Variation in host-range may also influence intra-specific strain divergence. Small population sizes and limited transmission between hosts can result in strong genetic bottlenecks, which reduce diversity and create the potential for genetic divergence to arise between strains through drift [7-9]. Adaptation to different hosts could also be an important contributor of strain divergence [1]. In addition to producing divergence at the target of selection, such adaptive evolution is often accompanied by a selective sweep, which may create additional genetic divergence between strains [10]. The relative roles of stochastic evolutionary processes and directed, adaptive evolution have not been well categorized in pathogenic bacterial populations, but both are known to make important contributions to evolution in free-living bacteria and other clonal organisms [10-12].

To examine the influence of host range variation on effective population size and intra-specific evolutionary divergence, we examined genetic diversity among distinct populations of the obligately intercellular bacterium Anaplasma phagocytophilum. As a bacterial species, this emerging zoonotic pathogen infects a broad range of vertebrate hosts [4]. However, there are multiple, discrete strains of A. phagocytophilum circulating in Europe, with minimal overlap in their host associations [13-15]. One of these strains is a generalist with a relatively broad host range, encompassing mammal species from a wide taxonomic spectrum (Figure 1). This is also the strain that overwhelmingly infects humans, livestock and other domestic animals [13-15]. By contrast, a second strain appears to specialize almost exclusively on roe deer. Both of these strains share the same primary tick vector, Ixodes ricinus. A third strain of mammal-infecting A. phagocytophilum is also circulating in Europe, but it is unclear whether this population can be classified as either a specialist or generalist. It predominately infects small mammals such as voles and shrews. This strain’s ecologically narrow host range is due in part to transmission by the nest-living tick species Ixodes trianguliceps [13]. However, while its potential hosts may share many ecological similarities, rodents and insectivores are among the most evolutionary divergent mammals capable of harboring A. phagocytophilum. Each belongs to a distinct superorder and their respective lineages diverged between 74 and 98 million years ago [16]. Immunity and other factors affecting bacterial population growth may differ greatly between these hosts [17], which likely constrains the ability of A. phagocytophilum to adapt to these species.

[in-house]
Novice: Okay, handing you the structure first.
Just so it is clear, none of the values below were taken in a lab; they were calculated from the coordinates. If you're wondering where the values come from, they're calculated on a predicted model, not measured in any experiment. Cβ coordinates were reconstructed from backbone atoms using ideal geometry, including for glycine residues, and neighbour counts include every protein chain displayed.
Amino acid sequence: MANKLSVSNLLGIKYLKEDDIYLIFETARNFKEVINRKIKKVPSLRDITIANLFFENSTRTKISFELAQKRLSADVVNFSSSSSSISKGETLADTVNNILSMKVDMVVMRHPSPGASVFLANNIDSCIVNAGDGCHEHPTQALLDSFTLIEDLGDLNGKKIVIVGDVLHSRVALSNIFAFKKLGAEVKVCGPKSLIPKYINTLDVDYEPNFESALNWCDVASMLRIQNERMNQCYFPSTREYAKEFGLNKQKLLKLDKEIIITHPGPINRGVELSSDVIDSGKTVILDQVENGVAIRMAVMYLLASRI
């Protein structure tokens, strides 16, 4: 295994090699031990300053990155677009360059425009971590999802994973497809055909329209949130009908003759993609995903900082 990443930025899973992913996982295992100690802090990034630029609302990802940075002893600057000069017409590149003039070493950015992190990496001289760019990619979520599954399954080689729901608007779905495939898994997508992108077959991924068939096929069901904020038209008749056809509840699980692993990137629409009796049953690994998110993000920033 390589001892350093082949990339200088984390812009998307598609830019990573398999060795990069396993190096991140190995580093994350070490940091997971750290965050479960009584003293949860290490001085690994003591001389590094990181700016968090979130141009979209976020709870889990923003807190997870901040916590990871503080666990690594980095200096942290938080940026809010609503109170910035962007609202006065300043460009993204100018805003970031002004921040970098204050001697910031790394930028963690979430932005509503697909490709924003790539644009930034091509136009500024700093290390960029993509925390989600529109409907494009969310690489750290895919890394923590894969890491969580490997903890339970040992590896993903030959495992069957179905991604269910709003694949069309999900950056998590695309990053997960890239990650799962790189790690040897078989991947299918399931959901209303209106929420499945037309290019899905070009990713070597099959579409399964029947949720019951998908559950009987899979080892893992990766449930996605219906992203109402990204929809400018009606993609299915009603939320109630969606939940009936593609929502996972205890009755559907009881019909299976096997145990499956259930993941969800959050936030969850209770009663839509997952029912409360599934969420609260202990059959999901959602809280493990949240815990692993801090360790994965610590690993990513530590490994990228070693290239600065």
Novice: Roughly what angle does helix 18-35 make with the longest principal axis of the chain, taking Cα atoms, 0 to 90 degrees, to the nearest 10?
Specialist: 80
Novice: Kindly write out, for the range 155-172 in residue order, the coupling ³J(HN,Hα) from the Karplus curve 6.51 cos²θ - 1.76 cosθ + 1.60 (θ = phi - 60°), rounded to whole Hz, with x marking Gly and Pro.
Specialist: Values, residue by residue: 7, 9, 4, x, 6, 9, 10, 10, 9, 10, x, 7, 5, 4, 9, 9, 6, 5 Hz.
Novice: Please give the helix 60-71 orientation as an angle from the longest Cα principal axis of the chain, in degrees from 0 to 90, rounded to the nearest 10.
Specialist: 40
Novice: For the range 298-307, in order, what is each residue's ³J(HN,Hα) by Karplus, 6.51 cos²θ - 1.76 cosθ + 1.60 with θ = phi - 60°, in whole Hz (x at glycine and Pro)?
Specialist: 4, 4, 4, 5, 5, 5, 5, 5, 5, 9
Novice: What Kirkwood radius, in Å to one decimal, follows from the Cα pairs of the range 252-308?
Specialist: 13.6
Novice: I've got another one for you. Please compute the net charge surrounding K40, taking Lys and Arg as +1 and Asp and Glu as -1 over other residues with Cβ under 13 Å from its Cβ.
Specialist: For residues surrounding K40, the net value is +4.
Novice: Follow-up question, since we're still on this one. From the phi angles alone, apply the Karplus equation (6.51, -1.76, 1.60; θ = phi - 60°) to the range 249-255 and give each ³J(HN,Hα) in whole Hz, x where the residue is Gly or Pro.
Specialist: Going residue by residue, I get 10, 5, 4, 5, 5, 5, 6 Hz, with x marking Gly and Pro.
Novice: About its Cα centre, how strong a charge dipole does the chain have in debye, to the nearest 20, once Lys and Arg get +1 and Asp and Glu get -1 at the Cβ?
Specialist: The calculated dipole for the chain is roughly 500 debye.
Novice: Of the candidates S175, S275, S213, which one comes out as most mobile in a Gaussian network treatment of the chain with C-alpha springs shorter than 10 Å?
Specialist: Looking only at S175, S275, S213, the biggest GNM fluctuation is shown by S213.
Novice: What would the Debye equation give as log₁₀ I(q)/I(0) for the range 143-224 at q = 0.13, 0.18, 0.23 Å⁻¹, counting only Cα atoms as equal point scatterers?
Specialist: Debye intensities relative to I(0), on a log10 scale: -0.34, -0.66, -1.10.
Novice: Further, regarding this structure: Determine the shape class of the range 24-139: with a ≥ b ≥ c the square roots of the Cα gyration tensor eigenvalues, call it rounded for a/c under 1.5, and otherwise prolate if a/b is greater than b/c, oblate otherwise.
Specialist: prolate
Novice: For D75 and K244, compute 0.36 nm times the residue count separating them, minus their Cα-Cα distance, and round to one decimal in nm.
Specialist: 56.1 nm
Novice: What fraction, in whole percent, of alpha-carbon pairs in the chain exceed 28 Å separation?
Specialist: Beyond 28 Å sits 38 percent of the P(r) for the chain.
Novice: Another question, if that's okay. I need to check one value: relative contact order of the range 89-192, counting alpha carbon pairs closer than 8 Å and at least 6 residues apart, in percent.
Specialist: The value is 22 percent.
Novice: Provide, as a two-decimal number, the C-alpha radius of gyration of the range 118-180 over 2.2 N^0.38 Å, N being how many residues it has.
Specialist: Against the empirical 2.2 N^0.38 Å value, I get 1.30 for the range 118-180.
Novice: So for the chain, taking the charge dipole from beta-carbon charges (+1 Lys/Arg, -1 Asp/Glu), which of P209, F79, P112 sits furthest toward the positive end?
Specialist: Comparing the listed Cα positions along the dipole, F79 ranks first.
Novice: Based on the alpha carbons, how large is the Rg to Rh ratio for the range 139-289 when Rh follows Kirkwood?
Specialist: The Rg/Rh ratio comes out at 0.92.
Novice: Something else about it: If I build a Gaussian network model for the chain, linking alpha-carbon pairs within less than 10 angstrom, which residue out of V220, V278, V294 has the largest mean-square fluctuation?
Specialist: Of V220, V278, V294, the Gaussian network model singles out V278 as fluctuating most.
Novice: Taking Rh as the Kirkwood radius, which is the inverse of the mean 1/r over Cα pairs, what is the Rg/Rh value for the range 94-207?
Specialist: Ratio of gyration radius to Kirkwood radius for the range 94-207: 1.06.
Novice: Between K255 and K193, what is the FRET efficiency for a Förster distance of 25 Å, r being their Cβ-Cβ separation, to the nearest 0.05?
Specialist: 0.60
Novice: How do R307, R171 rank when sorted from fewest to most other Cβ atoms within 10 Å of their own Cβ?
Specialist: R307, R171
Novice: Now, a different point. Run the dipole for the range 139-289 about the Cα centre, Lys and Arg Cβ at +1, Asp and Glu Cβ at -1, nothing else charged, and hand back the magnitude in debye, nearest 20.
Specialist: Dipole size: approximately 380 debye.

Figure 1

Phylogeny of the three A. phagocytophilum strains used in this study based on seven conserved genetic regions. Rather than display each branch tip individually we have chosen to represent each of the three clusters with a composite triangle. The vertical height of the triangle indicates relative sample sizes for each strain examined in this study. The horizontal width of the triangle indicates the extent of intra-strain synonymous genetic diversity. The numbers along each branch indicate the observed number of synonymous substitutions per synonymous site (dS). The vertical order of the taxa displayed within each cluster is arbitrary.

In this study we compare two distinct hypotheses related to host range in A. phagocytophilum. The first hypothesis is that generalist strains will maintain larger effective population sizes than specialist strains. As generalists should have a higher density of hosts to colonize within an ecological community, greater transmission potential between hosts should be higher leading to increased population sizes. Alternatively, specialists may achieve higher within-host population densities due to increased adaptation to their hosts. This could lead to overall higher effective population sizes relative to generalists that are more poorly adapted to any particular host species. In conjunction with these predicted differences between host specialists and generalists, we also postulated that the relative importance of selection and drift in producing evolutionary divergence between strains differs in relation to effective population size.